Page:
Inner Calm

Amy Welborn is a columnist for Our Sunday Visitor and Catholic News Service and a regular contributer to the Living Faith quarterly devotional.

We listened to lots of talks, mostly from our peers. We prayed together and apart. We experienced the Sacrament of Reconciliation. We were led through various exercises – like a “Trust Walk” in which we were led together, blindfolded, around the property and ended up in the school chapel in front a large crucifix, where our blindfolds were removed.

And we wept. Partly because of emotion, partly because by Saturday night we were so tired, the weekend was filled with tears, tears which built to a flood by Sunday afternoon when we opened letters of affirmation and love from family and friends.

In retrospect, I have to resent the emotional manipulation that I think moves that kind of retreat, but I also have to say that it did me a world of good right when I needed it.

I won’t say I was completely transformed, but the experience did challenge me to open up a bit more to everyone around me, and to see, with tremendous intensity, the depth and power of God’s love for me.

The greater challenge, though, lay ahead. Could I keep it? It would be impossible to keep the high of the weekend going for the rest of my life, but would I be able to keep any part of it at all? Would the awareness of God’s love I’d learned on the weekend stay with me for more than a week?

Maybe that’s something you’re feeling these days, too. A lot of kids make retreats this time of year, and a lot of kids have just celebrated the Sacrament of Confirmation. Those can be moments of great spiritual realization and growth, and a lot of kids wonder, even as they’re marveling at the fruits of those experiences, the same thing I did: How can I keep this going?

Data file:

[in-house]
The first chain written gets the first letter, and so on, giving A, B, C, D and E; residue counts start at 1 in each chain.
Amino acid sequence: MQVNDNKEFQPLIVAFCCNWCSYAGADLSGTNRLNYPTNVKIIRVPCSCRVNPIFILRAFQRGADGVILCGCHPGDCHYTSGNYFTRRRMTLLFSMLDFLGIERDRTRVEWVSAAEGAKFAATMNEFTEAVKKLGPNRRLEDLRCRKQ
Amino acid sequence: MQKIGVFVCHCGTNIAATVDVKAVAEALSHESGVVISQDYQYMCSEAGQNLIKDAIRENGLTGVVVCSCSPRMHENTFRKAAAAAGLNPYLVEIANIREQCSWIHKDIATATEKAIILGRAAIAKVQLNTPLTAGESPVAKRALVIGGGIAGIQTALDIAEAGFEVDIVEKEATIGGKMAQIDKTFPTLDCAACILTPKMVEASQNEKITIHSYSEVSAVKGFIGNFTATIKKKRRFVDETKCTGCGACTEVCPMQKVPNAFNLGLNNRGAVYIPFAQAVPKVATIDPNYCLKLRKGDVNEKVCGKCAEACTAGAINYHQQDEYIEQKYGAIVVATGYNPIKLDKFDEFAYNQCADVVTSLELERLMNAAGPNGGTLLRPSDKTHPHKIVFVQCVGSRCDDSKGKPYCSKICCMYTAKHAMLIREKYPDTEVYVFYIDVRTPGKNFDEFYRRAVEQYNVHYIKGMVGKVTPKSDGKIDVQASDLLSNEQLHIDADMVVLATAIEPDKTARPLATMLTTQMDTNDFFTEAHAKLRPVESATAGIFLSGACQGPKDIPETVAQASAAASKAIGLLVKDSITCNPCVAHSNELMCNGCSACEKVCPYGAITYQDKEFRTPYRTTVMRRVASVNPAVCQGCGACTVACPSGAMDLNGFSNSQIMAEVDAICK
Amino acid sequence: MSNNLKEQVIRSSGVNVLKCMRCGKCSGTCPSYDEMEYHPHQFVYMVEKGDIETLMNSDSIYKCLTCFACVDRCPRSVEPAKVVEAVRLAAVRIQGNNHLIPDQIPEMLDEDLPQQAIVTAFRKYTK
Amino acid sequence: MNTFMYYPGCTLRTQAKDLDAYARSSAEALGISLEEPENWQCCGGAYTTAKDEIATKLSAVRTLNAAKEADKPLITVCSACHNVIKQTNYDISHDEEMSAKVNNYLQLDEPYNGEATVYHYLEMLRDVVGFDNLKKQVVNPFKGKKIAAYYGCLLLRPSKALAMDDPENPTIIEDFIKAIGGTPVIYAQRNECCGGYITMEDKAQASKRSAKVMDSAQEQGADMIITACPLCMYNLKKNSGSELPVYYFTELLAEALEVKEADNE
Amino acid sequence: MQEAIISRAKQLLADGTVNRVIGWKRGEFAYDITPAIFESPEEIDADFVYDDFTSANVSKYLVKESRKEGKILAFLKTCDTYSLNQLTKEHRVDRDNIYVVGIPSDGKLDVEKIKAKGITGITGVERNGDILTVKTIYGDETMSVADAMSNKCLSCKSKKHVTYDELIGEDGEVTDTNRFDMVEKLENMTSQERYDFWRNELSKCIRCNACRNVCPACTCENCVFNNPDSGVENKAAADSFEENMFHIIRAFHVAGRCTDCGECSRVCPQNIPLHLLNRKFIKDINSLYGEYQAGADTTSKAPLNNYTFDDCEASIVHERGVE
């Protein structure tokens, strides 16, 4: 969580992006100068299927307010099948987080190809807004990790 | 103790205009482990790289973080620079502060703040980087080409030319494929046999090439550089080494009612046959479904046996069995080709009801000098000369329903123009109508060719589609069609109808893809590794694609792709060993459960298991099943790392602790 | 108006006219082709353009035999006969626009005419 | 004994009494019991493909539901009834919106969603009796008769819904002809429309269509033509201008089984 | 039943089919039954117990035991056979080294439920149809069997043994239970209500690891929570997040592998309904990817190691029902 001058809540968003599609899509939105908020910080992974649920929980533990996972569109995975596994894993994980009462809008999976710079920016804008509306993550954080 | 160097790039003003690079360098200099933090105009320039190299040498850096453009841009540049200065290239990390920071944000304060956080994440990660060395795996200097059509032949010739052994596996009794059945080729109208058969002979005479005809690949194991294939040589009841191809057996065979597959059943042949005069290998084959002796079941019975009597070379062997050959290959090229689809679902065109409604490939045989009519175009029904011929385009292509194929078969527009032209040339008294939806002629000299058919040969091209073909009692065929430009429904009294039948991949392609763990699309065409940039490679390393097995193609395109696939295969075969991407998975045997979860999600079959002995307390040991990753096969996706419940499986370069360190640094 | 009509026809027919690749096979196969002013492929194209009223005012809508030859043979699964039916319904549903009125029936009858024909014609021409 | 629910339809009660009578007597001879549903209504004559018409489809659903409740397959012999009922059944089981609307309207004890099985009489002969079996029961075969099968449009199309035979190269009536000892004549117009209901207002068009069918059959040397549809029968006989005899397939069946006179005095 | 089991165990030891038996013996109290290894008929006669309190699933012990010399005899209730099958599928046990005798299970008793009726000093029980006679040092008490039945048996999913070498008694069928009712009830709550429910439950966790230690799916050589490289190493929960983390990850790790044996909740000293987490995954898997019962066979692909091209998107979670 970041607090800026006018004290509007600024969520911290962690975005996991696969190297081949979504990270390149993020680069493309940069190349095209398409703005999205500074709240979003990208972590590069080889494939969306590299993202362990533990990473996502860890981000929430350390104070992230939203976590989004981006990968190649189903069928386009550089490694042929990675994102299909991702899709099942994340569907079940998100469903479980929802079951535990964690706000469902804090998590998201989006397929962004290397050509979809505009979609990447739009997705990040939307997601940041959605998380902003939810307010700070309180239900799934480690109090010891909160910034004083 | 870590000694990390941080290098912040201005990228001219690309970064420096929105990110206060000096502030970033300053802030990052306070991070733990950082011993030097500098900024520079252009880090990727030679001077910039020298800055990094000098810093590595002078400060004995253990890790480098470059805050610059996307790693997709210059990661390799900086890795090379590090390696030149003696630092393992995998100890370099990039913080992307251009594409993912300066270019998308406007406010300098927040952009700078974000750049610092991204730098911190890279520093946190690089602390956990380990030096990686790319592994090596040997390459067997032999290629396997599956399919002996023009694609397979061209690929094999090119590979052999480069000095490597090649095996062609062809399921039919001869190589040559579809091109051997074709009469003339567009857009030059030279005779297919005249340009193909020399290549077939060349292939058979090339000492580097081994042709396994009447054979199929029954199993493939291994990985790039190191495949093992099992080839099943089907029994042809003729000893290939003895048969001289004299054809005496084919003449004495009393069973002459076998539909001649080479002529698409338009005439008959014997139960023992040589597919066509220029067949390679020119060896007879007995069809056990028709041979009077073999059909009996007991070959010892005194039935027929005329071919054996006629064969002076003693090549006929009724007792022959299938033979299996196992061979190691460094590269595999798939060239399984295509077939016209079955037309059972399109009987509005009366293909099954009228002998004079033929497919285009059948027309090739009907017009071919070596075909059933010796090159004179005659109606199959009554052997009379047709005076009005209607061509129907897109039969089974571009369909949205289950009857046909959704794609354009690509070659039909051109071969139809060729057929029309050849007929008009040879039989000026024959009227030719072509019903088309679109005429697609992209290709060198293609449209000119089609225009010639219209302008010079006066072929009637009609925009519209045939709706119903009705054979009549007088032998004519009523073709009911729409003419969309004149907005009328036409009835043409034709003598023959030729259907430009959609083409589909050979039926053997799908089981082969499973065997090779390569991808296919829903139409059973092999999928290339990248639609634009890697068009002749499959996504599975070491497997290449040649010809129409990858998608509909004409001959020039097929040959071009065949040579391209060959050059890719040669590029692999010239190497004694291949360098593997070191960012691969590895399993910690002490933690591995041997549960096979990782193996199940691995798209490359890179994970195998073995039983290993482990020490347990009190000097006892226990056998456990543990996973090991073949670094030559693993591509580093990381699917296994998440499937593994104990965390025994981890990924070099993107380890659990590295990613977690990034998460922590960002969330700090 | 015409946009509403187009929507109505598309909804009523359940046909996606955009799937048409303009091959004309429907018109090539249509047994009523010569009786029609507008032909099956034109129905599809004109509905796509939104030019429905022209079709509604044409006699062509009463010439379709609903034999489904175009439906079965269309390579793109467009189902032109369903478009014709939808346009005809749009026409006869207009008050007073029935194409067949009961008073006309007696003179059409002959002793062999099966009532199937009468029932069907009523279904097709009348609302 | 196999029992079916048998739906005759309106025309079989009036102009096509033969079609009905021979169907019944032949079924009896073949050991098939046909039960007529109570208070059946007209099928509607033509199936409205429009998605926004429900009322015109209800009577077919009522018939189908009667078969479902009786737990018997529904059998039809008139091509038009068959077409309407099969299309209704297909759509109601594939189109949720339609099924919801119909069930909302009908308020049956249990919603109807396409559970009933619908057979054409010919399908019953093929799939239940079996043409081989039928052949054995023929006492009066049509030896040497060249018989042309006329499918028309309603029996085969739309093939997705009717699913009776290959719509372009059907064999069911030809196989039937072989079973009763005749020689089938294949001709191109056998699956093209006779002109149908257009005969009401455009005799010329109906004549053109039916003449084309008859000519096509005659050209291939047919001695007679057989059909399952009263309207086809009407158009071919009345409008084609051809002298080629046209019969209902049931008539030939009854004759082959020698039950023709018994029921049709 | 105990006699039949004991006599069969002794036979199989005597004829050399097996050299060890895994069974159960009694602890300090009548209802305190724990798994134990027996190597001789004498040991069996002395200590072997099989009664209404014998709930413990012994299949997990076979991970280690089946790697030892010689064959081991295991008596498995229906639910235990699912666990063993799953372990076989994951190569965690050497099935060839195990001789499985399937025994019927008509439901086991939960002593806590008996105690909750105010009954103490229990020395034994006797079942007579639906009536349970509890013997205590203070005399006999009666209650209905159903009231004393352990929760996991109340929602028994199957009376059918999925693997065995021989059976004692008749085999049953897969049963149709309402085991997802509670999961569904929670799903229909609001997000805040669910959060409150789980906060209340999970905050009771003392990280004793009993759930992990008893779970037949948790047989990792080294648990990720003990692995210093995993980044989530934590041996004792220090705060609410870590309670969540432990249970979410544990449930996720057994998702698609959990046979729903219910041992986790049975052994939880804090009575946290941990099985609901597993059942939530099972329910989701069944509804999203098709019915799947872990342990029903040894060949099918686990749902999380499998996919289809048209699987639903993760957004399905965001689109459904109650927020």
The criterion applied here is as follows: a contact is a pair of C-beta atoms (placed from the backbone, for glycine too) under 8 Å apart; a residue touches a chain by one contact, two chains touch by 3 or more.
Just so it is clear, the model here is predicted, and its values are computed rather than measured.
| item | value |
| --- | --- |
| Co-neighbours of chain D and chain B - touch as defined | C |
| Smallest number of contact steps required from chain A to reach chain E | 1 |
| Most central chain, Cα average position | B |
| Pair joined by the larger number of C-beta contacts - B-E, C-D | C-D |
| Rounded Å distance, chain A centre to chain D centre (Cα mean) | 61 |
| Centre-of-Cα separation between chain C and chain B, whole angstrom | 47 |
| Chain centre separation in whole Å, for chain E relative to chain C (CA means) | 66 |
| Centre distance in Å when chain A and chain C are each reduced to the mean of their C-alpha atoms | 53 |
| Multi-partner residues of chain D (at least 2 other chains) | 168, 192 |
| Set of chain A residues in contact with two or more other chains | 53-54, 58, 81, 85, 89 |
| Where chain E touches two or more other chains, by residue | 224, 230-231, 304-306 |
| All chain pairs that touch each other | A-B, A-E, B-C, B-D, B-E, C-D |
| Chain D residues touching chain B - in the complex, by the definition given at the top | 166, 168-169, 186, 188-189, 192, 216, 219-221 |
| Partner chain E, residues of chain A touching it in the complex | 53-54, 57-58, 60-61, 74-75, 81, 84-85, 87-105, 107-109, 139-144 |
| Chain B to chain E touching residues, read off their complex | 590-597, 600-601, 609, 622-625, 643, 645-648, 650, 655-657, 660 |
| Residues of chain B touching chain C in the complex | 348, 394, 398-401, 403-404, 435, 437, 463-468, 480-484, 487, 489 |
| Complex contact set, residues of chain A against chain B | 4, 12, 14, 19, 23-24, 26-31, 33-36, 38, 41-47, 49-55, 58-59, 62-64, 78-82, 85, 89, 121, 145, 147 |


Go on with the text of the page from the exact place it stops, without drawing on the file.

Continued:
Here are some ideas.

First, be realistic. Highs don’t, indeed, last. Ask anyone who’s experienced any time of intense experience. We even have a specific phrase to refer to the waning of the heights of emotion such an experience evokes: “the honeymoon’s over.”

Secondly, understand that even though emotions wane, God’s presence doesn’t. You may have felt God’s love and mercy in an intense way on your retreat, but just because your emotions aren’t as strong a couple of months later, that doesn’t mean God’s love and mercy aren’t either. God never stops loving you, whether you feel it or not. God is never less than ready to forgive you, whether you remember that or not. God is never away from you, whether you are aware of Him or not.

Third, commit yourself to deepening your relationship with God. Don’t depend on an external experience to do it for you. Make time to pray every day – many times. Go to Mass. Continue to evaluate your heart and your life in God’s eyes, not the world’s.

And when you do all that, you just might find that even though the emotional high has passed, something better has taken its place: a calm, steady inner sense of God’s presence, no matter where you are, no matter what, a kind of joy that outlasts everything – even emotion, believe it or not!

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